You may wish to seek counselling at times of struggle, feeling sad or stuck or because you have adverse experiences that you carry from your past. You may also want to gain more insight into yourself, your feelings and your relationships which you may use to grow yourself or your relationships.
People can experience difficulties in life and these difficulties may persist causing unhappiness at home, at work and in relationships. This may be because these difficulties are stirring up feelings from past experiences or relationships of which the person is not consciously aware of. Psychotherapy enables one to explore and understand themselves and the way one relates to others. Once unconscious processes and well-established behavioural patterns are brought to the fore, it is easier for people to overcome their difficulties.
How does psychotherapy work?
Psychotherapy offers a safe and trusted space which you can use to reflect on feelings and behaviours. The only rule in psychotherapy is to say whatever is foremost on your mind. This can be a combination of your feelings, thoughts, memories, experiences and dreams.
As the relationship with the therapist develops you may discover new insights and more appropriate ways of self-regulating your emotions and managing your behaviours.
Sessions are regular and frequent so as to give as much continuity and support as possible.
My approach to psychotherapy
I am an integrative psychotherapist with a focus on psychodynamic modalities. This means that I am mostly informed by a contemporary approach to psychoanalysis, which takes the both conscious and unconscious mind into consideration. I also draw from a number of different psychotherapeutic approaches such as existential person-centred and intercultural therapy. I believe that feelings are our compass and focusing on feelings to guide us through the therapeutic landscape often leads to discoveries of insight.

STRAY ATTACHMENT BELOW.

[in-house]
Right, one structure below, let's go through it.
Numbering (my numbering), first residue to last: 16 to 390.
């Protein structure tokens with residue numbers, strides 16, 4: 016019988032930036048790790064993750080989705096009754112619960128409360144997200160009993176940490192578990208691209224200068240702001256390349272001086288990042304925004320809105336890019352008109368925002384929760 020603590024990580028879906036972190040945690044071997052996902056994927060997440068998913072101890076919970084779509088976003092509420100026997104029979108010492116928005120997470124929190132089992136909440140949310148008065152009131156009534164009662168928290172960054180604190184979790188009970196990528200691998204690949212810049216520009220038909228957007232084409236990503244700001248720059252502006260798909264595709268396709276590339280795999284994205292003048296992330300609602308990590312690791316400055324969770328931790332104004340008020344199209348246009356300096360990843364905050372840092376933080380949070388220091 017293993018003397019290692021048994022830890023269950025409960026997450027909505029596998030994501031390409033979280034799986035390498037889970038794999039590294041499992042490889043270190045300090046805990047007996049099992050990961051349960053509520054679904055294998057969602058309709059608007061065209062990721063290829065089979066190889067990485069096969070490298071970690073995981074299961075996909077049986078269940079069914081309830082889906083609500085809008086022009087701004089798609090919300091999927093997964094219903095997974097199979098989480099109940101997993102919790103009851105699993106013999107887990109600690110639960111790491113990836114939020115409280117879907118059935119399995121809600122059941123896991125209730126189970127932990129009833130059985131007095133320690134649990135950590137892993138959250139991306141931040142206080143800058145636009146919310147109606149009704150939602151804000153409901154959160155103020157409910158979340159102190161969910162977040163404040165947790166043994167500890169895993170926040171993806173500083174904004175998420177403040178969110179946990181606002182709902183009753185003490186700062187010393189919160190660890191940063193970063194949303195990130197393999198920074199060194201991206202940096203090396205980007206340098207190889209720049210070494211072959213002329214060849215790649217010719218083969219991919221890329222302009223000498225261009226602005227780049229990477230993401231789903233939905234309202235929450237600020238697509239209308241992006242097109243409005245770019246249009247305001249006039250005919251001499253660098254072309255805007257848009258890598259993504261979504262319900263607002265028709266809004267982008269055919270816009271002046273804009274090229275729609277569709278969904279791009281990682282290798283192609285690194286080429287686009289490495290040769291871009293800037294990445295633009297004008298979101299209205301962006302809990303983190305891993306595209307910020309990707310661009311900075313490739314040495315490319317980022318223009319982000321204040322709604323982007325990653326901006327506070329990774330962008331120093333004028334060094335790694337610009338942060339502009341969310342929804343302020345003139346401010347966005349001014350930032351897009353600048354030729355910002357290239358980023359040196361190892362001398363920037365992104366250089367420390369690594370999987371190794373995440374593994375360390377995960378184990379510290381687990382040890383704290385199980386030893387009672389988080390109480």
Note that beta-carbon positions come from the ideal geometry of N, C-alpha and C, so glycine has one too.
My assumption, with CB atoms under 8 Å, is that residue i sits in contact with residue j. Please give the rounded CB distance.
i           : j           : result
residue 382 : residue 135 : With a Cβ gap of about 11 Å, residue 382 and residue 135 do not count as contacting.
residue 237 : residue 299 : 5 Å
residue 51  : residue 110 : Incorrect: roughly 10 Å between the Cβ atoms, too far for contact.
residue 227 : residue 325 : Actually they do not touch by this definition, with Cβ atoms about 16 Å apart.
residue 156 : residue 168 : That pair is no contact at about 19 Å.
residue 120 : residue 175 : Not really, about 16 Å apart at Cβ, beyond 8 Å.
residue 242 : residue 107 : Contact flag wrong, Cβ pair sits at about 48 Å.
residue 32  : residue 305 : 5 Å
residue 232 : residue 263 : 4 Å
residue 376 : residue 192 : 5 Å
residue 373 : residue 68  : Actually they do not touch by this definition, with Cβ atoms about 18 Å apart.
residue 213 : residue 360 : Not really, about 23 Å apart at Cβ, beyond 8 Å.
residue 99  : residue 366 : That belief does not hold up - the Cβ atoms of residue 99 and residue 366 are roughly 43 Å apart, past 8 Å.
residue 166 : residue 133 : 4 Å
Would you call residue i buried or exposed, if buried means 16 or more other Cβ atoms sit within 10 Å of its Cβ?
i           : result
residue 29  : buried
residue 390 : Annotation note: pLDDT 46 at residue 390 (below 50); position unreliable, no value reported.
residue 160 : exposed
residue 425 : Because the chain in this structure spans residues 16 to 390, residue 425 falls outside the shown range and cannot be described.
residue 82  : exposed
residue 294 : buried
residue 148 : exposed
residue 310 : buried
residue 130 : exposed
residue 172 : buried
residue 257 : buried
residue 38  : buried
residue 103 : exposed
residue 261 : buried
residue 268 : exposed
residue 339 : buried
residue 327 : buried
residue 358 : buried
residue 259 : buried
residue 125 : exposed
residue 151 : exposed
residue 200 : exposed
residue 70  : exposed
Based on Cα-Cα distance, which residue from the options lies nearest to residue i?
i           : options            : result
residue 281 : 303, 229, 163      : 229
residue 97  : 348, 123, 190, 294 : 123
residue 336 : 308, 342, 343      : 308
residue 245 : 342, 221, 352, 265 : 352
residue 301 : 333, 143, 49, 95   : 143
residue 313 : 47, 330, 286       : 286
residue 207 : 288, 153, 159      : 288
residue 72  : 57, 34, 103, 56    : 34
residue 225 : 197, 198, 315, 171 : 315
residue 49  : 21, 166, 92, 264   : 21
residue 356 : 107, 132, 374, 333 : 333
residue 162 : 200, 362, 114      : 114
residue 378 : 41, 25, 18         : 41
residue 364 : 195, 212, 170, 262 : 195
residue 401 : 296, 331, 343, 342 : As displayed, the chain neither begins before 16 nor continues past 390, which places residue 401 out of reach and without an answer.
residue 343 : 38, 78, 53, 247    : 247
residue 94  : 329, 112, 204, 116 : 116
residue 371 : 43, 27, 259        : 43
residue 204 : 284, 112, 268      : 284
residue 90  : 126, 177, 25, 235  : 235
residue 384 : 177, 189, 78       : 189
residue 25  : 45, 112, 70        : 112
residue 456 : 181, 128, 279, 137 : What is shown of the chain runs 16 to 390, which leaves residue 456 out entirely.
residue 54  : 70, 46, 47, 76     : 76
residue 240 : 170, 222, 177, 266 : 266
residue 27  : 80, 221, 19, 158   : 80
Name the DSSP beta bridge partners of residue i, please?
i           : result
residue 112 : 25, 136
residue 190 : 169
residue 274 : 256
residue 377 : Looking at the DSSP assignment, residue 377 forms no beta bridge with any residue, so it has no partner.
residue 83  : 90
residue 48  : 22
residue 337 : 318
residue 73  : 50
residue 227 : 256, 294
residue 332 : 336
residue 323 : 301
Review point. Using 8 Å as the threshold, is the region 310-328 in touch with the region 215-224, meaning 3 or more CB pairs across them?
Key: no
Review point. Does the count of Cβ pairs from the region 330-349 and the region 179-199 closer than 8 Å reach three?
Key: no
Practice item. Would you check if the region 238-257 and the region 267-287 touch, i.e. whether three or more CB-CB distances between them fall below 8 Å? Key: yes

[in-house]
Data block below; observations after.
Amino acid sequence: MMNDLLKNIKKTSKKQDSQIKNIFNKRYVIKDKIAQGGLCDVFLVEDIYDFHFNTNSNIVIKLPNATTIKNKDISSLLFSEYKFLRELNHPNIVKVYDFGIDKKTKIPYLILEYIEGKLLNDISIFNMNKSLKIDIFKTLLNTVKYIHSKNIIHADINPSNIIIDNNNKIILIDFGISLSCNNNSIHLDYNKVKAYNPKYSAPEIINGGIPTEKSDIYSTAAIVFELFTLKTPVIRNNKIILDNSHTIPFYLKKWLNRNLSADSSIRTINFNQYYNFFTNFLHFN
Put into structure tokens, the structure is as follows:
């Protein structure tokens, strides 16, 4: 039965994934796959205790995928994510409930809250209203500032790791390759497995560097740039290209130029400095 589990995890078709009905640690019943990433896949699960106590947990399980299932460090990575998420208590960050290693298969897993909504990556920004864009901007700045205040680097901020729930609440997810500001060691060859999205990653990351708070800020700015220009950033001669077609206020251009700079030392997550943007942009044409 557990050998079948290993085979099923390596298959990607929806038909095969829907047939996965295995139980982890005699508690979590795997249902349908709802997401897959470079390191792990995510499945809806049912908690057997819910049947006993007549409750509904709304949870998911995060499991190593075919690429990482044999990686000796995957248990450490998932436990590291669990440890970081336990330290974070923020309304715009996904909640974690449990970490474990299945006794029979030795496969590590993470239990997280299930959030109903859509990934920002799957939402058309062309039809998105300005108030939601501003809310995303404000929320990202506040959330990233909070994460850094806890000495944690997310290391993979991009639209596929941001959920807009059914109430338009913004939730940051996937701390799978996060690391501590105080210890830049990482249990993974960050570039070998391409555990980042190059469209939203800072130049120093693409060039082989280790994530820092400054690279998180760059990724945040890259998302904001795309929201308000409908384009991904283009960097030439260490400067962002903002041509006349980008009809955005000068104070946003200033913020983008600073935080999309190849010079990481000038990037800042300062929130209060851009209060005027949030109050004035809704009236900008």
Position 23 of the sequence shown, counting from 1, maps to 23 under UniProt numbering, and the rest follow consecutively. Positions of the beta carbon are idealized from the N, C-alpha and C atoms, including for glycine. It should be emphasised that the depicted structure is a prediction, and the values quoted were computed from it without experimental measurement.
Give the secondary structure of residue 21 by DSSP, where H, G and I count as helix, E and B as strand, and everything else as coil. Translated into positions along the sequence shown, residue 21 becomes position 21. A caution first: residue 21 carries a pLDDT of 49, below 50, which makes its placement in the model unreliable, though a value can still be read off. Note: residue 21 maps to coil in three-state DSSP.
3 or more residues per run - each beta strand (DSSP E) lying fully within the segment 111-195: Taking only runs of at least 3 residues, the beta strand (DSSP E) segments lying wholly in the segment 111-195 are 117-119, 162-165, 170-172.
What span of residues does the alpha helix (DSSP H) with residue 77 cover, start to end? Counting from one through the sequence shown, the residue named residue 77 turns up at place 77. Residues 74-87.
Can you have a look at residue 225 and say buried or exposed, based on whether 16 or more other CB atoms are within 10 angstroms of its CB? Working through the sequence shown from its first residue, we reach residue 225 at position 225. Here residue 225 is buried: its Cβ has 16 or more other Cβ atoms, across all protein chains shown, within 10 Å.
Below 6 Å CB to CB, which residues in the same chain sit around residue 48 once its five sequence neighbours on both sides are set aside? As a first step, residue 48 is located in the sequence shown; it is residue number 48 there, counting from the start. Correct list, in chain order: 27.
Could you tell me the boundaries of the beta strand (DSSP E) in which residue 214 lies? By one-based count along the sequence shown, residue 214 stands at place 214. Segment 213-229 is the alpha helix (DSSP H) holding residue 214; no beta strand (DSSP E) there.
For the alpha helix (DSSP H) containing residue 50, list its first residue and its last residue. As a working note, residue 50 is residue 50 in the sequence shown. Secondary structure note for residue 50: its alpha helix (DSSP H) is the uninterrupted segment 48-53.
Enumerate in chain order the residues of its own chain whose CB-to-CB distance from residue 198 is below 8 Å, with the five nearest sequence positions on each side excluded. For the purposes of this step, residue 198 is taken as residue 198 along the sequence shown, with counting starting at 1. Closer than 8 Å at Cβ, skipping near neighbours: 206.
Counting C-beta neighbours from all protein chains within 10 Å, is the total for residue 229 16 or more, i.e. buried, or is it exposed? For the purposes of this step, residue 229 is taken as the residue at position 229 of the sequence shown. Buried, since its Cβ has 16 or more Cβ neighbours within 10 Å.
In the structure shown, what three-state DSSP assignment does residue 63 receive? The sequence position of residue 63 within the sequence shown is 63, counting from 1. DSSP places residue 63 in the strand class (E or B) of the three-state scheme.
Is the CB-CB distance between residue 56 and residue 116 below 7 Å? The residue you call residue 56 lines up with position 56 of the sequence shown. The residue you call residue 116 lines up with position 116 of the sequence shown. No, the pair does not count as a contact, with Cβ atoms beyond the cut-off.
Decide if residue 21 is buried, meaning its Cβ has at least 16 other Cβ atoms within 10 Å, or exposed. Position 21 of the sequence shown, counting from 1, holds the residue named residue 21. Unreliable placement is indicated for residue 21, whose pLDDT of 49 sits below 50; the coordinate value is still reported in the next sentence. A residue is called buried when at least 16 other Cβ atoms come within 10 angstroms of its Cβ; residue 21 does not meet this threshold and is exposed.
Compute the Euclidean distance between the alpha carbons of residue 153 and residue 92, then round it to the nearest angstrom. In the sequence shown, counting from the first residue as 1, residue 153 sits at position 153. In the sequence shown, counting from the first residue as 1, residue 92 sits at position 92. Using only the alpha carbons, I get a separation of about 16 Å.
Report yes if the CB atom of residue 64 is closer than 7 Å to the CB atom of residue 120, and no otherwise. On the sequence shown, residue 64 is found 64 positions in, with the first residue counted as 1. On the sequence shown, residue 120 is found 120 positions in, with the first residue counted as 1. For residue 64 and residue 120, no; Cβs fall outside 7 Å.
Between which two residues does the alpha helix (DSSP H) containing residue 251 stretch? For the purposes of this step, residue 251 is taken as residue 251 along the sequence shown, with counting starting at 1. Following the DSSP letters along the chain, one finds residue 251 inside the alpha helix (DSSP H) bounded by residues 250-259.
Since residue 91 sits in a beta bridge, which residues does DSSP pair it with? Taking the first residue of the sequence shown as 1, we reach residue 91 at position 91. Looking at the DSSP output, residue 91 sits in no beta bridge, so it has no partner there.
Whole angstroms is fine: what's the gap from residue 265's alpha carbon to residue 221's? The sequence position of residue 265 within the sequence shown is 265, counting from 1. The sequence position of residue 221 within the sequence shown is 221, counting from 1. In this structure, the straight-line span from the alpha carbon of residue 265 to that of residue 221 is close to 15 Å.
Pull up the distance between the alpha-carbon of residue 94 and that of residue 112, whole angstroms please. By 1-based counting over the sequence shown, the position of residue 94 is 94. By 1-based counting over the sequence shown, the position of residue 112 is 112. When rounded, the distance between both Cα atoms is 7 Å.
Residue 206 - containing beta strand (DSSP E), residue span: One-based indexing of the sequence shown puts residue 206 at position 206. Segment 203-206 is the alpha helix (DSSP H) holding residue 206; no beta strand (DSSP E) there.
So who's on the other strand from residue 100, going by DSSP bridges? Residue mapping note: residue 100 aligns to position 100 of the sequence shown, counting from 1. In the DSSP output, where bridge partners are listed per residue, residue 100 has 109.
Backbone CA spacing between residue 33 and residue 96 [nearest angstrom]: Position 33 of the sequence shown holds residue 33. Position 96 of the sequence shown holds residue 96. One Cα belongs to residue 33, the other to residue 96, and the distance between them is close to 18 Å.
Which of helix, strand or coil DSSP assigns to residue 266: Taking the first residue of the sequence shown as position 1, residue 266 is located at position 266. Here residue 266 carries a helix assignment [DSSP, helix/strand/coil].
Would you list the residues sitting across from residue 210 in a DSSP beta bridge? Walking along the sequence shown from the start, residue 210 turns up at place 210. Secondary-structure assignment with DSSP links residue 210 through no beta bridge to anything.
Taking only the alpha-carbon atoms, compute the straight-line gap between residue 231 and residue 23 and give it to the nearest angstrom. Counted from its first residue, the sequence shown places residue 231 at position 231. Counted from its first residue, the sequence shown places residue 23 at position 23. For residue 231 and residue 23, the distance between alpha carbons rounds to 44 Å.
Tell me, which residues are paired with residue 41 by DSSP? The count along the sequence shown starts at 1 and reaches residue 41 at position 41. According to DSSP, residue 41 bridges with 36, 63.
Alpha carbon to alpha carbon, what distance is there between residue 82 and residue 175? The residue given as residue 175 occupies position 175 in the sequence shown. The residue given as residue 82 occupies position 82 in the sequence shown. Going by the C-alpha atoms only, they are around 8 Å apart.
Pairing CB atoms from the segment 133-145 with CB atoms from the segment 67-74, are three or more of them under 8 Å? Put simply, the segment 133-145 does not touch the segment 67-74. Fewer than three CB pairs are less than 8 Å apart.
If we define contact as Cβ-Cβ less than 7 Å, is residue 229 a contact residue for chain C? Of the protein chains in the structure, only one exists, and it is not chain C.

I am a member of the British Association of Counselling and Psychotherapy (BACP). I abide by their respective professional code of ethics and practice.
How I work
I offer short term (a minimum of 12 weeks) and long term (open ended) therapy. Once you decide to start psychotherapy, we will have an initial 50-minute session during which you can tell me about yourself and what you would like achieve in therapy. It also gives me an opportunity to tell you more about myself and how I work. You can ask any questions you may have on psychotherapy therapy in the initial session.
If you decide to move forward with therapy, we will agree a regular day and time each week for our sessions for 50 minutes.
It is also useful to keep in mind that short-term work is by its nature different to long-term work. We may be limited in what we can achieve in a short period of time and therefore it may be unrealistic to expect quick-fix solutions to life’s problems. It is a mutual process which requires commitment and work from both client and therapist and progress often takes time.